Dividend investing is part art, part science. Financial ratios make up most of the science.
We define financial ratios as any number or calculation used by dividend investors to better understand an investment opportunity.
Financial ratios are found throughout a company’s financial statements, annual reports, investor presentations, and more. Examples of common financial metrics include return on equity, payout ratios, and price-to-earnings multiples.
While hundreds (if not thousands) of financial ratios exist, understanding the most important indicators can help investors make better informed decisions, identify great companies, and sidestep avoidable mistakes.
“Accounting is the language of business, and you have to learn it like a language… To be successful at business, you have to understand the underlying financial values of the business.”
All of the financial ratios discussed below are available in up-to-date charts and tables on Simply Safe Dividends, which provides a complete suite of tools and research for dividend investors.
Let’s review the most helpful financial ratios for evaluating different businesses and identifying quality stocks that can deliver safe, growing dividends.
Financial Ratio #1: Dividend Payout Ratio
The dividend payout ratio is one of the most common financial ratios known by income investors. The payout ratio measures how much of a company’s earnings are paid out as a dividend.
To calculate a company’s dividend payout ratio, simply divide the amount of dividends it paid over a certain time period by the amount of earnings it generated.
For example, if Coca-Cola paid $6 per share in dividends while generating $10 per share in earnings, it would have a payout ratio of 60% ($6 / $10 = 60%).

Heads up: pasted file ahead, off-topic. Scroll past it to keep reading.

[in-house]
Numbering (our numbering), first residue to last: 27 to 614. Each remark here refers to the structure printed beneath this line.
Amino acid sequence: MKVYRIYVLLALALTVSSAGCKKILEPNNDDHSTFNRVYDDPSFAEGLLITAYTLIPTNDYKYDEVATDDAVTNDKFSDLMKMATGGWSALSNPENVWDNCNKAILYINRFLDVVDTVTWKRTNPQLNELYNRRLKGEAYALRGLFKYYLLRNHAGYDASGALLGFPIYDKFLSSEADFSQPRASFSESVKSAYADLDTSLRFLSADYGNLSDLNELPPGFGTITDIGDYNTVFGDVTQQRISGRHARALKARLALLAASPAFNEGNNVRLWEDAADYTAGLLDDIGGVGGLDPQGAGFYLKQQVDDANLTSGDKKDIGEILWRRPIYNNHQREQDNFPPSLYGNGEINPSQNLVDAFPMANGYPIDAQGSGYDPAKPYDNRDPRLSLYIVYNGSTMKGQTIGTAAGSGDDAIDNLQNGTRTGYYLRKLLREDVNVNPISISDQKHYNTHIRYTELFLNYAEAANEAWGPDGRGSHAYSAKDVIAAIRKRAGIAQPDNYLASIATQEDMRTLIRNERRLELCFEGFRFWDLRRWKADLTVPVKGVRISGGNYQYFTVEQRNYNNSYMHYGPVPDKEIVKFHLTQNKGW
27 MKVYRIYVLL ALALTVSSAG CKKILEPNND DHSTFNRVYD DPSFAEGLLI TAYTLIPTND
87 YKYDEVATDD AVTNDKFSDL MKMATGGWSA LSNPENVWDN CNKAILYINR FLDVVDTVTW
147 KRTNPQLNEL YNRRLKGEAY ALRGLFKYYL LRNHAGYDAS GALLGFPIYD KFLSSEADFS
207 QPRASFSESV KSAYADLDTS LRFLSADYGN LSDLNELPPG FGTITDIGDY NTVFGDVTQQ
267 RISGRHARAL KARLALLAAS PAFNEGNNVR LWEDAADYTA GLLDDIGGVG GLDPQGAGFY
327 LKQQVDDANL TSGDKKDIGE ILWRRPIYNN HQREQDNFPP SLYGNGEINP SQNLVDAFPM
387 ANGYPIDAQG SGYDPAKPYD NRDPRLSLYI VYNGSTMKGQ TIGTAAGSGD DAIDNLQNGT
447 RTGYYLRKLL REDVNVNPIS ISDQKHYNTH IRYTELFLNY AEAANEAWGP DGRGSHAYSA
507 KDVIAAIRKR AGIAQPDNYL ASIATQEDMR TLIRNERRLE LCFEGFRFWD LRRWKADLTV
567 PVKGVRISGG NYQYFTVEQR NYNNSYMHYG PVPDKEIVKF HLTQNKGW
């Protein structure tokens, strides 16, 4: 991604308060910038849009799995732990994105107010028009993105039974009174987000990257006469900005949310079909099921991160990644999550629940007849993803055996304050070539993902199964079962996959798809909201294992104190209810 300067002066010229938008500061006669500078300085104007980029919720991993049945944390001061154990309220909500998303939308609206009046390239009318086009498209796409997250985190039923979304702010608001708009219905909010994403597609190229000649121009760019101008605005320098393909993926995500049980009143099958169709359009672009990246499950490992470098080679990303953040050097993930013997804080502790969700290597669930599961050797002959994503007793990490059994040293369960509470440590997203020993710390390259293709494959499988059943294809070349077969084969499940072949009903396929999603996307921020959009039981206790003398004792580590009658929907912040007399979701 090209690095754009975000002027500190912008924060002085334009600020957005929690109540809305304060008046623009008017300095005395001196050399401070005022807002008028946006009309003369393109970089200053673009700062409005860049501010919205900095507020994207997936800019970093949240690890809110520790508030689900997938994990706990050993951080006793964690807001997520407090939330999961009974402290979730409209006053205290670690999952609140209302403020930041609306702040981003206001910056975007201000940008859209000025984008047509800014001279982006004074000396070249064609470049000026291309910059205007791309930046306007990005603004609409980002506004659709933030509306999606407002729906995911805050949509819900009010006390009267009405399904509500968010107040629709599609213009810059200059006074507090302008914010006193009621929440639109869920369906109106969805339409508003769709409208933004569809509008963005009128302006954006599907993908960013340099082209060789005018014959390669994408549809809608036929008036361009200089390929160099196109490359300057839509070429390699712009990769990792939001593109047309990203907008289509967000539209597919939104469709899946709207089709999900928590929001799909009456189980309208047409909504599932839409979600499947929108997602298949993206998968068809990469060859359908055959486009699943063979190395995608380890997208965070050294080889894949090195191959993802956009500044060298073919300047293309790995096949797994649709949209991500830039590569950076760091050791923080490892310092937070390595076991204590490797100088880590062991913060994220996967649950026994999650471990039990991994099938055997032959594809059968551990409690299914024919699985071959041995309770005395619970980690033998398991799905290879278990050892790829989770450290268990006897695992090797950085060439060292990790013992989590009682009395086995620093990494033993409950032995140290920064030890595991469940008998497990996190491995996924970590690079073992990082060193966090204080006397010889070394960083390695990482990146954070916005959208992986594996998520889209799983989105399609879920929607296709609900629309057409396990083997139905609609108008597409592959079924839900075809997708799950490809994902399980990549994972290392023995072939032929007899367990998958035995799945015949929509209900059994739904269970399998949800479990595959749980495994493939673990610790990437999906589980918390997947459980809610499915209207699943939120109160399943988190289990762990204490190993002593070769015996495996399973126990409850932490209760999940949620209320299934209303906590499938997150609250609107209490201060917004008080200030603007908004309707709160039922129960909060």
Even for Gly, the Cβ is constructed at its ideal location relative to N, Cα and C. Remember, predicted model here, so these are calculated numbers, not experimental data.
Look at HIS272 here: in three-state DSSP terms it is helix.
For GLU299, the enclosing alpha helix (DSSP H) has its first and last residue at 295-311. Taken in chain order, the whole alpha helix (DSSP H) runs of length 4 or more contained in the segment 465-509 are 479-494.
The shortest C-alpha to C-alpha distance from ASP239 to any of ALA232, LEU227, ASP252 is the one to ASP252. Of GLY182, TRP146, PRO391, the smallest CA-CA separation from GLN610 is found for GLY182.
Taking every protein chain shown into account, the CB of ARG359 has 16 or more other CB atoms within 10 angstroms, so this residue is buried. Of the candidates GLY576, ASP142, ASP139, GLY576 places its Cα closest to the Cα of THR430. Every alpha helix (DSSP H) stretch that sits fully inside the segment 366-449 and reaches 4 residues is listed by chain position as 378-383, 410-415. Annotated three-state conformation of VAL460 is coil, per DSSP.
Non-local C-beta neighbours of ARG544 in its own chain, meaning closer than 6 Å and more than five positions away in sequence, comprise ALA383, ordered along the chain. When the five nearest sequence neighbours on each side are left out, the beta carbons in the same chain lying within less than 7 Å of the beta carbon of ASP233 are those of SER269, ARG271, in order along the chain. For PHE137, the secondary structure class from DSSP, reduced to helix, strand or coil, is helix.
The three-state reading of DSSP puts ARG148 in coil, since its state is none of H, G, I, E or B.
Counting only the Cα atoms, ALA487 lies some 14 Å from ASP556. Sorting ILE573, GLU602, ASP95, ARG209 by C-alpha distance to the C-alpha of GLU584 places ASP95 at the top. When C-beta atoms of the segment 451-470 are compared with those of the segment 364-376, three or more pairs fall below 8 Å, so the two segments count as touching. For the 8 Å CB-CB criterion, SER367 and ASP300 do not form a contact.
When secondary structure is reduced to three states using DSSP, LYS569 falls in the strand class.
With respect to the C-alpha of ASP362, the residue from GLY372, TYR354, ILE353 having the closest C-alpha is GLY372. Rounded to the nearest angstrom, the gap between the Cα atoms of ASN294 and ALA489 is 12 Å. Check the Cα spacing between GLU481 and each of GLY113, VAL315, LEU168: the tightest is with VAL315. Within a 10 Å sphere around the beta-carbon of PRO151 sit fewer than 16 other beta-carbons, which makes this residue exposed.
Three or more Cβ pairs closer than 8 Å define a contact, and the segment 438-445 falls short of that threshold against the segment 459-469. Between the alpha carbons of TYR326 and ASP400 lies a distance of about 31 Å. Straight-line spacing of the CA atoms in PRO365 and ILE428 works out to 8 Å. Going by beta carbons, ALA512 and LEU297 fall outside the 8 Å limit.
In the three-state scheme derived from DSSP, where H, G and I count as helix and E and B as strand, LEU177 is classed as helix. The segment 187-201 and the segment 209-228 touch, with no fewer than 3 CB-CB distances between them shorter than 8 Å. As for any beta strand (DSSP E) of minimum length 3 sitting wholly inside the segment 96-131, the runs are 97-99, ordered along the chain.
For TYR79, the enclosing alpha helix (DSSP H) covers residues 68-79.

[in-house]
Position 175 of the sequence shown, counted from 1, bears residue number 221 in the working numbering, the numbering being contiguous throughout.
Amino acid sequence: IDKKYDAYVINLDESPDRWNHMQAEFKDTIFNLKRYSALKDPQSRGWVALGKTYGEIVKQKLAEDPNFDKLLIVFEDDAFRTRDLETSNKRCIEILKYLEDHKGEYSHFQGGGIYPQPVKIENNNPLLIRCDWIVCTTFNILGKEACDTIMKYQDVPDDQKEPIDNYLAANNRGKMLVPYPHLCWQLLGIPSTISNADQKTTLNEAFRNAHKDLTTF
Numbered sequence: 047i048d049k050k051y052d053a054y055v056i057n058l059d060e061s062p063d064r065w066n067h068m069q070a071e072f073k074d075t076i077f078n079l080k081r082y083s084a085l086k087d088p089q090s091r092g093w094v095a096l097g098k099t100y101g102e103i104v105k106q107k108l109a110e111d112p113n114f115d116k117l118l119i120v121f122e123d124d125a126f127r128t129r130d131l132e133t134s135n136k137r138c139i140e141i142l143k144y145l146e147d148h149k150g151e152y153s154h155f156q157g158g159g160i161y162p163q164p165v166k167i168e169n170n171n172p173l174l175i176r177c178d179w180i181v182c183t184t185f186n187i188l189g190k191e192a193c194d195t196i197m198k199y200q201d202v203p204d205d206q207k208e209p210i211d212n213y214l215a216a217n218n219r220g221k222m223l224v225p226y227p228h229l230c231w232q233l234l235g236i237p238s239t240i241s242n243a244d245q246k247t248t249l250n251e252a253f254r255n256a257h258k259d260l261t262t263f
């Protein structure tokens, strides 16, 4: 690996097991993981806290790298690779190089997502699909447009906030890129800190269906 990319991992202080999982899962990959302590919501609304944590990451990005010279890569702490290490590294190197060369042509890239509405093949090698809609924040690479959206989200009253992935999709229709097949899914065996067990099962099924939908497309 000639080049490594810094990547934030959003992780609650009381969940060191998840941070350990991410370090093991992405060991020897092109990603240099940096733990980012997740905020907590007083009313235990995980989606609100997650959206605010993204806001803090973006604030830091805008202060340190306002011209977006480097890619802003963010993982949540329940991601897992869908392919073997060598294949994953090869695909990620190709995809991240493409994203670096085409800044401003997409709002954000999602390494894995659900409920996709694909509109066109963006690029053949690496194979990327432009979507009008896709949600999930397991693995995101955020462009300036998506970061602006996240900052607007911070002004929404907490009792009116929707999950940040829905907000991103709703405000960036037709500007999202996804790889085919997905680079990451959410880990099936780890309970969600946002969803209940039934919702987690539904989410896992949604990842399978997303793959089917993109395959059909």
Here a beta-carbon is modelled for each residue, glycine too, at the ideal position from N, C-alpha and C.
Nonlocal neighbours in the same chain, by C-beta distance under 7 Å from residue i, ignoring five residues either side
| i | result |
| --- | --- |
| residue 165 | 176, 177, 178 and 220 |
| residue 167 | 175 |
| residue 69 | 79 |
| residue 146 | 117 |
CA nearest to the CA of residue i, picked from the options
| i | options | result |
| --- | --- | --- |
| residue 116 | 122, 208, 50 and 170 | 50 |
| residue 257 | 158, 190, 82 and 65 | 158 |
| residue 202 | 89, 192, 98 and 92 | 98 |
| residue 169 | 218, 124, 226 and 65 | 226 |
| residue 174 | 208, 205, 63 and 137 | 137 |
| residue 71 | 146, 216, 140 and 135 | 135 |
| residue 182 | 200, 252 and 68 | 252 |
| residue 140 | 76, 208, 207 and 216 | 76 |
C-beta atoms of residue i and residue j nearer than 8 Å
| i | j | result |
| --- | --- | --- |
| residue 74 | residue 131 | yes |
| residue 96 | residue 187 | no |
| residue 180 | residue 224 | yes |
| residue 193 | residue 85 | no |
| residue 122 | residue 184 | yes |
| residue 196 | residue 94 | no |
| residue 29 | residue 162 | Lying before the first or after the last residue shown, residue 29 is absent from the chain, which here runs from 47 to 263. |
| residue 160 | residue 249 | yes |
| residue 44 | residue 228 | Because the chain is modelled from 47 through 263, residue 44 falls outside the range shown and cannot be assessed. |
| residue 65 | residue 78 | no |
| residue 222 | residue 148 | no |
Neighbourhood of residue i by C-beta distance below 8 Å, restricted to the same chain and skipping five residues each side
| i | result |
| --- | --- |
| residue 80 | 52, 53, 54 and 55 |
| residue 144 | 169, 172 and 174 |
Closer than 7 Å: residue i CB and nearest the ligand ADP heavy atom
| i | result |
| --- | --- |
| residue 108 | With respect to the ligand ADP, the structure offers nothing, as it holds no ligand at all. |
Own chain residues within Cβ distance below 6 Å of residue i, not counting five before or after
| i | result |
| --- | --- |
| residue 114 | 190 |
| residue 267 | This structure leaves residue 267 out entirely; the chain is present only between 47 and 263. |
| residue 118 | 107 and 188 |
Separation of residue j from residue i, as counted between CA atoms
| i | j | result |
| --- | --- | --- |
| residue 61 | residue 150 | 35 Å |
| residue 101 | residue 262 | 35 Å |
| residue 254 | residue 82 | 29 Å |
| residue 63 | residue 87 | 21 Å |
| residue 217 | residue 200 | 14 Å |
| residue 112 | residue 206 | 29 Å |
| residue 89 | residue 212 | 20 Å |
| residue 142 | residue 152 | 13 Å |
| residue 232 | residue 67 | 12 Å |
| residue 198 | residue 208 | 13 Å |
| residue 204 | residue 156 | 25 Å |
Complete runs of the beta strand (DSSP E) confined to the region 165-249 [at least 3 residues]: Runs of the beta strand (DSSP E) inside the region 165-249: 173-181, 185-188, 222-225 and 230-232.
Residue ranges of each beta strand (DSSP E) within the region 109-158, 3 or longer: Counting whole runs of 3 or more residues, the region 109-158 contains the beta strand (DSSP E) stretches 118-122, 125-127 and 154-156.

Investors like to analyze the dividend payout ratio because it can inform how safe a company’s dividend is and how much room it has for future growth.
A high payout ratio (e.g. above 80%) could mean that the dividend payment is riskier because it consumes the majority of a company’s earnings. If business trends unexpectedly fall, there might not be enough profits to keep paying the dividend.
Dividend growth can also be more difficult for companies with high dividend payout ratios unless earnings growth is strong.
Generally speaking, we prefer to invest in companies with payout ratios below 60%. However, we will invest in companies with higher payout ratios if their businesses tend to be very stable (e.g. a regulated utility business) and they maintain strong financial health.
General Mills' dividend payout ratio below is an example of what we like to see. Note how stable the firm's payout ratio has been, reflecting predictable earnings from selling packaged foods and management's disciplined dividend growth (around 4-5% per year over this period).
Financial Ratio #2: Free Cash Flow
Without free cash flow, a company is unlikely to survive over the long run.